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Ben. Away, begone; the sport is at the best.
Ron. Ay, so I fear; the more is my unrest.

1 Cap. Nay, gentlemen, prepare not to be gone;
We have a trifling foolish banquet towards.-
Is it e'en so? Why, then I thank you all ;
I thank you, honest gentlemen; good night:
More torches here? Come on, then let 's to bed.
Ah, sirrah, [To 2 Cap.] by my fay, it waxes late;
I'll to my rest. [Exeunt all but JULIET and Nurse.
Jul. Come hither, nurse : What is yon gentleman ?
Nurse. The son and heir of old Tiberio.
Jul. What's he, that now is going out of door?
Nurse. Marry, that, I think, be young Petruchio.
Jul. What 's he, that follows there, that would

not dance ? Nurse. I know not.

Jul. Go, ask his name : - if he be married, My grave is like to be my wedding bed.

Nurse. His name is Romeo, and a Montague ; The only son of your great enemy.

Jul. My only love sprung from my only hate !
Too early seen unknown, and known too late !
Prodigious birth of love it is to me,
That I must love a loathed enemy.

Nurse. What's this ? what's this?
Jul.

A rhyme I learn'd even now Of one I danc'd withal. [One calls within JULIET. Nurse.

Anon, anon:Come, let's away ; the strangers all are gone.

[Ereunt. Enter CHORUS. Now old desire doth in his death-bed lie, And

gapes to be his heir ; That fair, which love groan'd for, and would die,

With tender Juliet match'd is now not fair. Now Romeo is belov'd, and loves again,

Alike bewitched by the charm of looks ;

young affection

2 Faith.

But to his foe suppos'd he must complain,

And she steal love's sweet bait from fearful hooks : Being held a foe, he may not have access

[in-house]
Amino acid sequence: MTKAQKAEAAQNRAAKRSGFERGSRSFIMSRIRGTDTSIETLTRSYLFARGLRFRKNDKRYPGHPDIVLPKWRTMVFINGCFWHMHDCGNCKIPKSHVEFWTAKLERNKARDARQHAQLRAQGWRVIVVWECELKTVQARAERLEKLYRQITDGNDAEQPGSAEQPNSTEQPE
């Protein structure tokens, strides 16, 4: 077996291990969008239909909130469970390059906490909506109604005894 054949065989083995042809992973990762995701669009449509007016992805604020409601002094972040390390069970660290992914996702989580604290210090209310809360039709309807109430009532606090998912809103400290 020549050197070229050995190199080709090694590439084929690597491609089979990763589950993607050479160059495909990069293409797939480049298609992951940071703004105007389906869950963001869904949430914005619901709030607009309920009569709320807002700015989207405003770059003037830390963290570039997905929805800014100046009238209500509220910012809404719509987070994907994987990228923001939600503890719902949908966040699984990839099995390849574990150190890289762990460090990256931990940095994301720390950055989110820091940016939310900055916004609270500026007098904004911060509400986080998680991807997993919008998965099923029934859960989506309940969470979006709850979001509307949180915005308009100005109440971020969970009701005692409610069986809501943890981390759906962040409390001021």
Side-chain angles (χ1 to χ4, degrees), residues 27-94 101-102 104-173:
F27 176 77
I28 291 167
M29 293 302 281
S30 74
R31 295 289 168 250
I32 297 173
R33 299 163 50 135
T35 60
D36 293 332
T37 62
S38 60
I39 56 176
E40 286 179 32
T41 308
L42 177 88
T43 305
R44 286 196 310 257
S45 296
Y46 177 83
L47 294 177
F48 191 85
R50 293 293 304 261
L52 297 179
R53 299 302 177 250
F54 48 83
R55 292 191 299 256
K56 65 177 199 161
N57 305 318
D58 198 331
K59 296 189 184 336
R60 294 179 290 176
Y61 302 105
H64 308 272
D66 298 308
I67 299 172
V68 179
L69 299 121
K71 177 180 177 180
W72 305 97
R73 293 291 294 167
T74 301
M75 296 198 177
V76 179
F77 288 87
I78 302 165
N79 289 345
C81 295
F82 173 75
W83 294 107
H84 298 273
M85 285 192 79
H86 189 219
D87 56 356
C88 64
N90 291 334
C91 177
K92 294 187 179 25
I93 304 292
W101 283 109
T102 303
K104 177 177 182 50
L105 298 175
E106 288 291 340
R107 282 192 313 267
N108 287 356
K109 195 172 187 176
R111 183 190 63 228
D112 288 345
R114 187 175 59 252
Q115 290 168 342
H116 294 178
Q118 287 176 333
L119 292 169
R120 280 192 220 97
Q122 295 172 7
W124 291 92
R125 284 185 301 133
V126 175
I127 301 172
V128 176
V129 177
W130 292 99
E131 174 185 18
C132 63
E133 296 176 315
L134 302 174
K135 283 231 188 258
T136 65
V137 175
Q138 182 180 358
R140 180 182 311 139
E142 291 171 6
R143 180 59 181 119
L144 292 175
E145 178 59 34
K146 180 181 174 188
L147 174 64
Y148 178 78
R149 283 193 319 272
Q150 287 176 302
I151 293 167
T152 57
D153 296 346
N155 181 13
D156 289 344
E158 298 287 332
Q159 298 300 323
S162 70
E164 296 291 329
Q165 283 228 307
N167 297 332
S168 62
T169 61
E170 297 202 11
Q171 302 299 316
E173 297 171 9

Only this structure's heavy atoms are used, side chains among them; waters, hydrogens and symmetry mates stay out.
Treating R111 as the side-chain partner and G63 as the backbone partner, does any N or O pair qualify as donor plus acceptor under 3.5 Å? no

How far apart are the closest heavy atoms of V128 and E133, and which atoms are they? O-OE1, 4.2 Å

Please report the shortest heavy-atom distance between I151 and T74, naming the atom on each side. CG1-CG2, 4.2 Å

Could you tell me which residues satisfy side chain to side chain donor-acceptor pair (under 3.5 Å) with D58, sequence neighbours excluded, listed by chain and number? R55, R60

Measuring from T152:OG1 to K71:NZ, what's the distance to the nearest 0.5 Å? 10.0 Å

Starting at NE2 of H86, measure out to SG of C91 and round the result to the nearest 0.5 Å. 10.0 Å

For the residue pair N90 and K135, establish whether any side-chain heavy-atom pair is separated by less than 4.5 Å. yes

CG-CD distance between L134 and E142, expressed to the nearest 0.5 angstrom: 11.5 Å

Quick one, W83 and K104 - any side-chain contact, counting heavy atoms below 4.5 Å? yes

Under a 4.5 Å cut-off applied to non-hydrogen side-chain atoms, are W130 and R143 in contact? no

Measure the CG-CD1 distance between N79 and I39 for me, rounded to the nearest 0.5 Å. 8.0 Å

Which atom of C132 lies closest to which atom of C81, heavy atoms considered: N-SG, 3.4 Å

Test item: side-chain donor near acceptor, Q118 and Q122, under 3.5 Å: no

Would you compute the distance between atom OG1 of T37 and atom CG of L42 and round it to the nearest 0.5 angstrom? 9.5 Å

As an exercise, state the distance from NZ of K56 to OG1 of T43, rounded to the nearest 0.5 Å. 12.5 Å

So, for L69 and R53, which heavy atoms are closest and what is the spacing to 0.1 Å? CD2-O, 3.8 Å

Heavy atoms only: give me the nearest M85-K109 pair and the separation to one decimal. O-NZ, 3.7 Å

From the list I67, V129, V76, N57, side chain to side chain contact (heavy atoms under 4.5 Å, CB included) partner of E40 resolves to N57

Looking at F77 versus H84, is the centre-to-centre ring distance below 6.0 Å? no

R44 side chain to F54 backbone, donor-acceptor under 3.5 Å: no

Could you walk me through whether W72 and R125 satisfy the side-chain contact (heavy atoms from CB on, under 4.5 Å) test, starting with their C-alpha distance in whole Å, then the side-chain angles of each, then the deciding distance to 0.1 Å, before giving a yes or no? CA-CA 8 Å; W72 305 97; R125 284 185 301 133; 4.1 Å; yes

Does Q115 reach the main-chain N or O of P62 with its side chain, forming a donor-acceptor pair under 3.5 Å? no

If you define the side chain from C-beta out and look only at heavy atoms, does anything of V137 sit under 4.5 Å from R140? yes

To breathe such vows as lovers use to swear ; And she as much in love, her means much less To meet her new-beloved

any

where : But passion lends them power, time means to meet, Temp’ring extremities with extreme sweet. [Exit.

ACT THE SECOND.

SCENE 1.

An open Place, adjoining Capulet's Garden.

Enter RomEO.

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Rom. Can I

go
forward, when my

heart is here?
Turn back, dull earth, and find thy center out.

[He climbs the Wall, and leaps down within it.

Enter BENVOLÍO, and MERCUTIO.
Ben. Romeo! my cousin Romeo !
Mer.

He is wise ;
And, on my life, hath stolen him home to bed.
Ben. He ran this way, and leap'd this orchard

wall :
Call, good Mercutio.
Mer,

Nay, I'll conjure too
Romeo! humours! madman! passion! lover!
Appear thou in the likeness of a sigh,
Speak but one rhyme, and I am satisfied ;
Cry but Ah me! couple but. - love and dove;

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Speak to my gossip Venus one fair word,
One nick-name for her purblind son and heir,
Young Adam Cupid, he that shot so trim,
When king Cophetua lov'd the beggar-maid.'-
He heareth not, stirreth not, he moveth not;
The ape - is dead, and I must conjure him.
I conjure thee by Rosaline's bright eyes,
By her high forehead, and her scarlet lip,
That in thy likeness thou appear to us.

Ben. An if he hear thee, thou wilt anger him.

Mer. This cannot anger him: my invocation
Is fair and honest, and, in his mistress' name,
I conjure only but to raise up him.
Ben. Come, he hath hid himself among those

trees,
To be consorted with the humorous' night:
Blind is his love, and best befits the dark.

Mer. If love be blind, love cannot hit the mark.
Romeo, good night; -I 'll to my truckle-bed;
This field-bed is too cold for me to sleep :